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Salad People and More Real Recipes: A New…
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Salad People and More Real Recipes: A New Cookbook for Preschoolers and Up

by Mollie Katzen

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Written by the Mollie Katzen, author of the Moosewood Restaurant cookbooks and the children's cookbook Pretend Soup, Salad People is a book of recipes that have been selected and tested for creating with preschool-age and older children. Each recipe has two parts: the part for "the Grown-ups" and the part for the kids. The grown-ups' pages include a traditionally-written recipe, plus tips for creating the recipe with kids such as safety guidelines, what should be done before bringing the kids into the kitchen, and what types of jobs are good for different aged children. Grown-up pages also include quotes from some of the children that Katzen tested the recipes with, such as "It's like raisin bran, except it's salad," and "I covered a rosemary with some dough. It's gonna be hiding."
The kids pages make this book really great. Following each grown-up-style recipe is a two-page spread that fully illustrates each step in the recipe. The steps are numbered, which can help teach young children how to read from left to right down a page, and include captions such as "add 15 basil leaves" under the picture of 15 basil leaves.
Salad People is a wonderful cookbook for adults to share with the young children in their lives. It encourages the development of a healthy relationship with food and can help teach young children math, prereading and beginning reading, fine motor skills, patience, cooperation, and many other skills, not to mention developing and encouraging creativity and confidence. The pairing of traditionally written recipes with child-friendly step-by-step illustrations allows children to take greater ownership of their culinary creations, unlike most kid cookbooks which either expect an adult to read the recipe to the child or are written for older children to read on their own. Salad People is also unique in the types of recipes it contains. All of the recipes are relatively healthy, centered on whole foods, and vegetarian. Some contain sugar, and a few contain questionable store-bought items like pre-made pizza dough, pie crust, and tortilla chips, but adaptations can be made and many recipes are suitable for dairy-, wheat-, gluten-, and soy-free diets.
Salad People is highly recommended for purchase by all libraries, community centers, preschools, and other organizations serving children and their parents. It is a great choice for young children with an interest in cooking and a wonderful way for grown-ups to encourage and guide children toward a healthy relationship with food. ( )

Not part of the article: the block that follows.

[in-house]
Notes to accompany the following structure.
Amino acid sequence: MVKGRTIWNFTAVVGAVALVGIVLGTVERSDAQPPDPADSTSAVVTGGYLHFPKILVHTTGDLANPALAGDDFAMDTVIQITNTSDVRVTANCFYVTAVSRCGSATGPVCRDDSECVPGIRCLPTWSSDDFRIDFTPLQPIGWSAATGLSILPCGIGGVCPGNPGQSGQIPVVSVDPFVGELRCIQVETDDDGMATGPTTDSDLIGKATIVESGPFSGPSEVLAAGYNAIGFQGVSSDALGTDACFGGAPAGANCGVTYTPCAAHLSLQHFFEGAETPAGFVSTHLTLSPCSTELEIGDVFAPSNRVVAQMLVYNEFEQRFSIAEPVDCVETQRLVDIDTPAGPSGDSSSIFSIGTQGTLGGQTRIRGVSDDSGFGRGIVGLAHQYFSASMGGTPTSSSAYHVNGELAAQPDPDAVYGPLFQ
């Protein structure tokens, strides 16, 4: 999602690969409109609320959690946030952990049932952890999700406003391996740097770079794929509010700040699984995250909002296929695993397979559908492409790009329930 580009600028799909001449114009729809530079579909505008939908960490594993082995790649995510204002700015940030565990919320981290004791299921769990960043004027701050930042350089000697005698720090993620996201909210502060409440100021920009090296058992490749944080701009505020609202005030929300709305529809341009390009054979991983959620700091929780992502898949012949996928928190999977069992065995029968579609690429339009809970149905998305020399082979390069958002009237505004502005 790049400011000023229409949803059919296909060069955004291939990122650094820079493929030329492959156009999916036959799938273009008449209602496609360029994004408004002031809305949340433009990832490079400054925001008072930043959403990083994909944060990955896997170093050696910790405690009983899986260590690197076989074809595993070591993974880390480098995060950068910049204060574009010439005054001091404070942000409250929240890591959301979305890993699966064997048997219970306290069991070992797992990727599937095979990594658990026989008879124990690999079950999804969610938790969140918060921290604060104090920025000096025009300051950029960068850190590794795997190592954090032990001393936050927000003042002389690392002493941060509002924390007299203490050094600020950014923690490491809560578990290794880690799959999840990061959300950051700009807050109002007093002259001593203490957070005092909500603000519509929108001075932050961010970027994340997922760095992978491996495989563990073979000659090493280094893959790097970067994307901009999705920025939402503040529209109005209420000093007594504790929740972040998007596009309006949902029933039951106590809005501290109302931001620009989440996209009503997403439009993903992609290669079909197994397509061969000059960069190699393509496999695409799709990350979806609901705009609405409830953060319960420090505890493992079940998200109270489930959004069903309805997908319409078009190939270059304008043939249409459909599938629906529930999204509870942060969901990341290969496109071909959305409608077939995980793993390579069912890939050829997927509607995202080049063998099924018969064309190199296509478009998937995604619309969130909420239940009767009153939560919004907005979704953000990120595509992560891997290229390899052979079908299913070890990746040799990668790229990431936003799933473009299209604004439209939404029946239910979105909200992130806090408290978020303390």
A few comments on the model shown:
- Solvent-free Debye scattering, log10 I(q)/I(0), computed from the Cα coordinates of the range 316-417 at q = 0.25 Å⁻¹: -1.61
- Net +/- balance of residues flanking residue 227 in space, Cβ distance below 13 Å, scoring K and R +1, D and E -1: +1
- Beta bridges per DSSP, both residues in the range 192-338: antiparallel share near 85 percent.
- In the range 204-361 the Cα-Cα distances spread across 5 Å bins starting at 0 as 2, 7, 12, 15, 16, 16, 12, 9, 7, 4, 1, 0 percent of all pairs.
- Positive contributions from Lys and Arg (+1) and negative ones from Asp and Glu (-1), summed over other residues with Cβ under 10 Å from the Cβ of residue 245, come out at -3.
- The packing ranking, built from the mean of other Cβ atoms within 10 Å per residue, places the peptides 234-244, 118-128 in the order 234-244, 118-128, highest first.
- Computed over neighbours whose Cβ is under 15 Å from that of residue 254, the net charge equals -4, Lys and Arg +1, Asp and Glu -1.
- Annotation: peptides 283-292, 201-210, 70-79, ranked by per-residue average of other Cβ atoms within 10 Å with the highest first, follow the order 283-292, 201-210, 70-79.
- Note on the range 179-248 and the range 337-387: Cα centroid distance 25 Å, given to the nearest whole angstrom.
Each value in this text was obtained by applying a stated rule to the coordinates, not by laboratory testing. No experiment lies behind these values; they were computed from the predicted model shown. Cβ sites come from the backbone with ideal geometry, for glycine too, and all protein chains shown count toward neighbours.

cflorap | Oct 19, 2010 |
This sequel to Pretend Soup includes twenty recipes tested by preschoolers. Each recipe spans four pages: two for the adult helper followed by two pages for the young cook. While the adult pages resemble traditional cookbook entries, the pages for children provide the recipes pictorially. Each step of the child's version is contained in its own numbered, illustrated box, giving pre-readers the opportunity to study recipes for themselves, in addition to receiving guidance from their grown-up helpers. The Salad People recipe itself is a fruit, vegetable, and cheese platter arranged to look like a person. Other recipes include soups, fruity granola, rice with vegetables, tiny tacos, fresh lemonade, and more. ( )
  nimblenovice | Jul 18, 2010 |
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This sequel to Pretend Soup includes twenty recipes tested by preschoolers. Each recipe spans four pages: two for the adult helper followed by two pages for the young cook. While the adult pages resemble traditional cookbook entries, the pages for children provide the recipes in a pictorial format. Each step of the child's version is contained in its own numbered, illustrated box, giving pre-readers the opportunity to study recipes for themselves, in addition to receiving guidance from their grown-up helpers. The Salad People recipe itself is a fruit, vegetable, and cheese platter arranged to look like a person. Other recipes include fruity granola, rice with vegetables, tiny tacos, fresh lemonade, and more.
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Introduces children as young as three the basics of cooking.

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